The Snap Tool In Reaper: The Benefits And Possible Pitfalls

Updated On
23-Mar-2020
By
Ken Theriot
Snap-Tool-Pic-web

We have a video on YouTube showing how to use a built-in tool in Reaper (ReaFir) as an excellent noise removal tool (that video is here: Hidden Noise Reduction Tool in Reaper). Interestingly, we received a comment on that video today that said "Dude - I didn't even come here for the snap and select thing but that helped me soooo much thank you."

That got me thinking that if the commenter felt the snap tool comments in the video, which were just there to help the viewer more accurately select part of the audio containing ONLY noise, were that valuable, maybe we should dedicate a post to just that. So that's what's happening right now...even as you read this:).

Snaps and Grids

The reason for a Snap tool in software that uses grids - such as graphics programs, video and audio programs, etc. - is to enable a user to accurately place a cursor onto a grid line. You literally cannot place the cursor between two grid lines.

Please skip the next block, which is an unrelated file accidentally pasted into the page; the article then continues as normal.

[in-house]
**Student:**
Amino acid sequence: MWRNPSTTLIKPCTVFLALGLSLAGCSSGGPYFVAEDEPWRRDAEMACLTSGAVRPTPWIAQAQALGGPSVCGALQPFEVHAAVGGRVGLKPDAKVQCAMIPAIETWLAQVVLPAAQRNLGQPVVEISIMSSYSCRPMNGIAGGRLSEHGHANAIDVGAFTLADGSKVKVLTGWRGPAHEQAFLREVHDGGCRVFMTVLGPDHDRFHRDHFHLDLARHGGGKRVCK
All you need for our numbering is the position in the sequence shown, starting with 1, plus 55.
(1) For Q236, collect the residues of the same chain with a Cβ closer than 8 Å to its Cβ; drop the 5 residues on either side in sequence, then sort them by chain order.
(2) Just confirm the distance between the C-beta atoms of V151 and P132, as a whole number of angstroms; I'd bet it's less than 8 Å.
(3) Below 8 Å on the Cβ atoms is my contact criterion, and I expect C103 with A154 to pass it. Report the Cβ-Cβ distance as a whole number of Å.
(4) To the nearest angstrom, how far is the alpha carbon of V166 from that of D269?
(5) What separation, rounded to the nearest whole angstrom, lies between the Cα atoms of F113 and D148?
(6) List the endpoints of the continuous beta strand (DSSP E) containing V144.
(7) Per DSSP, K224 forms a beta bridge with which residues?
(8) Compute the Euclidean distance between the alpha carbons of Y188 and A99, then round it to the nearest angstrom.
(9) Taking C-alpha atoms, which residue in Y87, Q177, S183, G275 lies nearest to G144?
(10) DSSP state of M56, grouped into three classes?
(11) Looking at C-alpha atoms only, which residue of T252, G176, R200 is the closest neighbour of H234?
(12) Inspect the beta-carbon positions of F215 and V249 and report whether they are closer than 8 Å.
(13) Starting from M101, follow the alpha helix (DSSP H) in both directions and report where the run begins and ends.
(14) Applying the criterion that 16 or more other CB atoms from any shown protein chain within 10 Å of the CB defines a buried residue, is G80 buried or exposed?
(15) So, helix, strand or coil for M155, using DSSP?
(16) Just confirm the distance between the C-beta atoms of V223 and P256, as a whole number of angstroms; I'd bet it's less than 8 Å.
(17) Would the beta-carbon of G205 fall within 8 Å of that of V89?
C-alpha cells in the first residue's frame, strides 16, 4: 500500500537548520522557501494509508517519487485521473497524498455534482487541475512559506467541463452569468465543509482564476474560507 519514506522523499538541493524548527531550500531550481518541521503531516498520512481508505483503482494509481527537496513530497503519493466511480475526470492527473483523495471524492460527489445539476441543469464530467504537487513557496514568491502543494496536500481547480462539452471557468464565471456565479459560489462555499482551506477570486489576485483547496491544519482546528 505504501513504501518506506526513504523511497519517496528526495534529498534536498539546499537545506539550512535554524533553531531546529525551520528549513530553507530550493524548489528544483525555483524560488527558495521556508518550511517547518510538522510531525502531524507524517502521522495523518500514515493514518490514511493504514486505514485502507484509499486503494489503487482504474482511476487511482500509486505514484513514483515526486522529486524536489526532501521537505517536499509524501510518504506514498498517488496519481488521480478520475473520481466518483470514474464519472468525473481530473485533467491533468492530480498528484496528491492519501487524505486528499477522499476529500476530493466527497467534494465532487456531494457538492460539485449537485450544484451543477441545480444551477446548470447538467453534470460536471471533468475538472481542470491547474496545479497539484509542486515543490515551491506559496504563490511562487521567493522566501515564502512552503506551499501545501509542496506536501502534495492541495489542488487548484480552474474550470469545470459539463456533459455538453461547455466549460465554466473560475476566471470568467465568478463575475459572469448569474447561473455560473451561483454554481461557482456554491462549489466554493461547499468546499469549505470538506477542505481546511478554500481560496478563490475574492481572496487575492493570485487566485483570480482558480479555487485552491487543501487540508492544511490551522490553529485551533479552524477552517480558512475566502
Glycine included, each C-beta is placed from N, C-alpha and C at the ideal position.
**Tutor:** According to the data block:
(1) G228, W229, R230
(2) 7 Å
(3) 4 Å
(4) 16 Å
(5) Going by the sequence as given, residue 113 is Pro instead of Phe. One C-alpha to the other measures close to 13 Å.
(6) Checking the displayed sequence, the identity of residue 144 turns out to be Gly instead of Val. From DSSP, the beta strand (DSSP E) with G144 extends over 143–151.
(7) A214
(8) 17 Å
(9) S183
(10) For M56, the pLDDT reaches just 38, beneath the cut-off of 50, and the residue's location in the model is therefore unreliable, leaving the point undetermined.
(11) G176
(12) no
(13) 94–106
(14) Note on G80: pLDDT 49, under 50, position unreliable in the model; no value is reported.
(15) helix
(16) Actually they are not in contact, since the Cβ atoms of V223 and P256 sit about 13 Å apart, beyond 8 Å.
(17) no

Whichever grid line your cursor is closest to is the one that it will snap to. This can be a great help in lining up multiple media items. In audio programs like Reaper, it also allows you to select audio that starts and stops exactly on the grid lines, which - when set to "bars and beats" - makes it super easy to select exactly one measure of music (assuming that music was recorded to a click-track/metronome).

That, in turn, allows you to cut or copy entire bars of music, paste them somewhere else in the song, and have them be musically correct.

Of course there are tons of other uses. One such is demonstrated in our video on how to copy/paste instead of "punching in" when you need to fix mistakes while recording. See that post and video here: Quickly Fix Audio Recording Mistakes by Overdubbing.

However, the downside of having the Snap tool enabled is that you give up some control. You may want (or NEED) to select audio whose edges are between grid lines. Or you may just want total control over where you put the cursor.

But both of those things are impossible when snapping is enabled. Wouldn't it be great if you could toggle snapping on and off whenever you wanted? Well you can in Reaper. It's in the default tool panel - a button that looks like a magnet. See the picture at the top left. Also, of course, there is the video below that shows you how to use it about half-way through.

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